Mike Williams, Jenny Tonry, Hugh Glennie and myself met as usual on Thurs 3rd Jan to go ‘streaking’ in the Worcestershire countryside.

Our plan on this particular Thursday was to search an area on the outside perimeter of a wood that lies close to the east of Grafton Wood, where BH eggs had never previously been recorded. (Last winter we had searched almost the entire perimeter of this wood but had found almost no suitable blackthorn and no eggs. On that day though, heavy rain had then curtailed our search just before we had reached the section of the perimeter that - unbeknown to us at the time - supported a reasonable amount of potentially suitable young blackthorn growth).

We therefore began our search on Thursday morning in this promising area. After a lot of detailed searching we eventually recorded some eggs on the western side, including a double. Only two hedgerows link this wood to Grafton - one to the southwest, and one to the northwest close to where these new eggs had been found. A theory was then put forward that the female BH that had laid the eggs we had just found, would have had to have found its way there by following this nearby hedgerow all the way from Grafton Wood. If that theory was to be proved correct then it seemed a reasonable assumption that we should find at least some eggs along the length of this ‘linking hedgerow’. We therefore began that search.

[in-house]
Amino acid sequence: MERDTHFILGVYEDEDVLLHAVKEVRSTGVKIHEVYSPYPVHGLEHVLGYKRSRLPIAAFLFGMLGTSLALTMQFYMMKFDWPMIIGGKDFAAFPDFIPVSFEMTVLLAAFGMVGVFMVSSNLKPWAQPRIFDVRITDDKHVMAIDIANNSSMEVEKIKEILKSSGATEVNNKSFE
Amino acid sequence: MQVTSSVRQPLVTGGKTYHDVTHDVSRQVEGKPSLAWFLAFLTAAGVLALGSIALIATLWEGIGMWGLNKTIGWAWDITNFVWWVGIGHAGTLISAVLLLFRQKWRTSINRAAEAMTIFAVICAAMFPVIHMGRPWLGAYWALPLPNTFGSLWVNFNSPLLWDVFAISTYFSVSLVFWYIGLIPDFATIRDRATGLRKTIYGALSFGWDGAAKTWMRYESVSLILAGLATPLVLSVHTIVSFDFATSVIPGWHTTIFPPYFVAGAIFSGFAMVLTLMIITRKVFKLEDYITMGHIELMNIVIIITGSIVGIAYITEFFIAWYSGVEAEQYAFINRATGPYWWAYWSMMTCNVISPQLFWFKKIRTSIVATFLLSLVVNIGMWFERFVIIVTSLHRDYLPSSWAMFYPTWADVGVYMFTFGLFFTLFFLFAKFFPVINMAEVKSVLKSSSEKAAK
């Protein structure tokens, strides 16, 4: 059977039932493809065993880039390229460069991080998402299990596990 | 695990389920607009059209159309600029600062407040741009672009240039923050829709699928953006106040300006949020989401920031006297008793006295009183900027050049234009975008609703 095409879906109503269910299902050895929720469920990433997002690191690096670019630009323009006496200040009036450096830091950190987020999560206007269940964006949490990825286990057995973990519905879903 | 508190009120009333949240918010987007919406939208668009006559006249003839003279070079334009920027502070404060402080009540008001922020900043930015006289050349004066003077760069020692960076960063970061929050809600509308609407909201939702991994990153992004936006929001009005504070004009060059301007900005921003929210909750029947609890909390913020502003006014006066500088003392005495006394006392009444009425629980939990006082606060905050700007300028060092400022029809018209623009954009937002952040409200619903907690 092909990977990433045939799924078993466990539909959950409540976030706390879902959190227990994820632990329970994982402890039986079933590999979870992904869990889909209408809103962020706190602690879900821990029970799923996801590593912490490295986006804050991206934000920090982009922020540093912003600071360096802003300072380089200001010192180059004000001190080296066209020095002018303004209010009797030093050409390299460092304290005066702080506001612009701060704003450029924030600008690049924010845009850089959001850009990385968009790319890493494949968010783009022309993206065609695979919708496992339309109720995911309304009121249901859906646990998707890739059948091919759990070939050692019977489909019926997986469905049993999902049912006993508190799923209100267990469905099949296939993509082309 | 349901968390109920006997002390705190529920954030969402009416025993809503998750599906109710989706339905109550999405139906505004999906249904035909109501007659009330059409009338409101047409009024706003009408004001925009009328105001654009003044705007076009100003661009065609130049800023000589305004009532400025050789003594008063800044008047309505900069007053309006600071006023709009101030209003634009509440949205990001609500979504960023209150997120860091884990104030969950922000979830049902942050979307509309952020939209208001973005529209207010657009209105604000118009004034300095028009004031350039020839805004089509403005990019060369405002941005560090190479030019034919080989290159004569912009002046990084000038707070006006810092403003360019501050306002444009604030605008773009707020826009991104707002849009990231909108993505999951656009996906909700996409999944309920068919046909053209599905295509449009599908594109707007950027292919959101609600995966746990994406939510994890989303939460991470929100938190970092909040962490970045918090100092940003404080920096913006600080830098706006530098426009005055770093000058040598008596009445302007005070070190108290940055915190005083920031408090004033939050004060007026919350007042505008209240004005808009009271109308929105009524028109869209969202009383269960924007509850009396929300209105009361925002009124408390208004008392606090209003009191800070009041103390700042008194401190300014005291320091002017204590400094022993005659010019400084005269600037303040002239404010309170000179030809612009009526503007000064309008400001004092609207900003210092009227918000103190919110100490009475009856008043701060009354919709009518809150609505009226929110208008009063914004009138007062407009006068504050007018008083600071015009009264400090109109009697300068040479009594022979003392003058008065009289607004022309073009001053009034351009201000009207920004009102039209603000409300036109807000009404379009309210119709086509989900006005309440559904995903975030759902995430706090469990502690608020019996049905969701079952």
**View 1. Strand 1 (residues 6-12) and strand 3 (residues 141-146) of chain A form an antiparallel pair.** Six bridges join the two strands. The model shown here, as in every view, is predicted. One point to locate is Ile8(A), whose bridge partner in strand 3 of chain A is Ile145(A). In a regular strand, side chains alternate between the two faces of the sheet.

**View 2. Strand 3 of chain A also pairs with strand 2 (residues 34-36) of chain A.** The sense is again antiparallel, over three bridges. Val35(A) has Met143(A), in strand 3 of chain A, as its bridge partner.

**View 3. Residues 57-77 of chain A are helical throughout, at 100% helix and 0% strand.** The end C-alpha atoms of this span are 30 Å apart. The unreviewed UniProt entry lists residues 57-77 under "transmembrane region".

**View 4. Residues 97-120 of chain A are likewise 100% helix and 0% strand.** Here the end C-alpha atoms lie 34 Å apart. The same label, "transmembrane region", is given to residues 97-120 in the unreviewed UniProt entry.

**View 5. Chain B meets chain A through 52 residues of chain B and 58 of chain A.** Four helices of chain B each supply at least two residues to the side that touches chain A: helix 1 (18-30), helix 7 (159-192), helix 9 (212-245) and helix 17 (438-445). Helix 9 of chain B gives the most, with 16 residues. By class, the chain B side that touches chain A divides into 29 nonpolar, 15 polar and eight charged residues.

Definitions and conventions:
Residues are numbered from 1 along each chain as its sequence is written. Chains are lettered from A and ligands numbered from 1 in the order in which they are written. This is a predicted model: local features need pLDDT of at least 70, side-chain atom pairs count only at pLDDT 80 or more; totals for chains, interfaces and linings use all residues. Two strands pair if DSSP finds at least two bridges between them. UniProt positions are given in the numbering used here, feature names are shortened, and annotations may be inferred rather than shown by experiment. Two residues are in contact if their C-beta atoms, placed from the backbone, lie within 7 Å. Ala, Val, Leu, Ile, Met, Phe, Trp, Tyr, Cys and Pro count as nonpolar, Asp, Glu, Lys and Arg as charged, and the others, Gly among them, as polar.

We did indeed record small but steady numbers of eggs along the entire length of this hedgerow up to the point it joined Grafton Wood, thereby (according to me at least!!) proving the theory J  In total, we found about 40 eggs in this area including a treble and a double separated by only about a centimetre – i.e. almost a ‘fiv-er’!!

In the afternoon we met the ‘Footpath Warden’ for the nearby (and delightfully named) village of Upton Snodsbury. She had invited us to come and search some footpath hedgerows that came under her jurisdiction and that were due for fairly imminent management. The idea being that we could both identify eggs that could thus be saved from the chop and, also provide specific advice on the best type of hedgerow management to adopt for these particular hedgerows. This search also proved very rewarding with the discovery of about 25 eggs.


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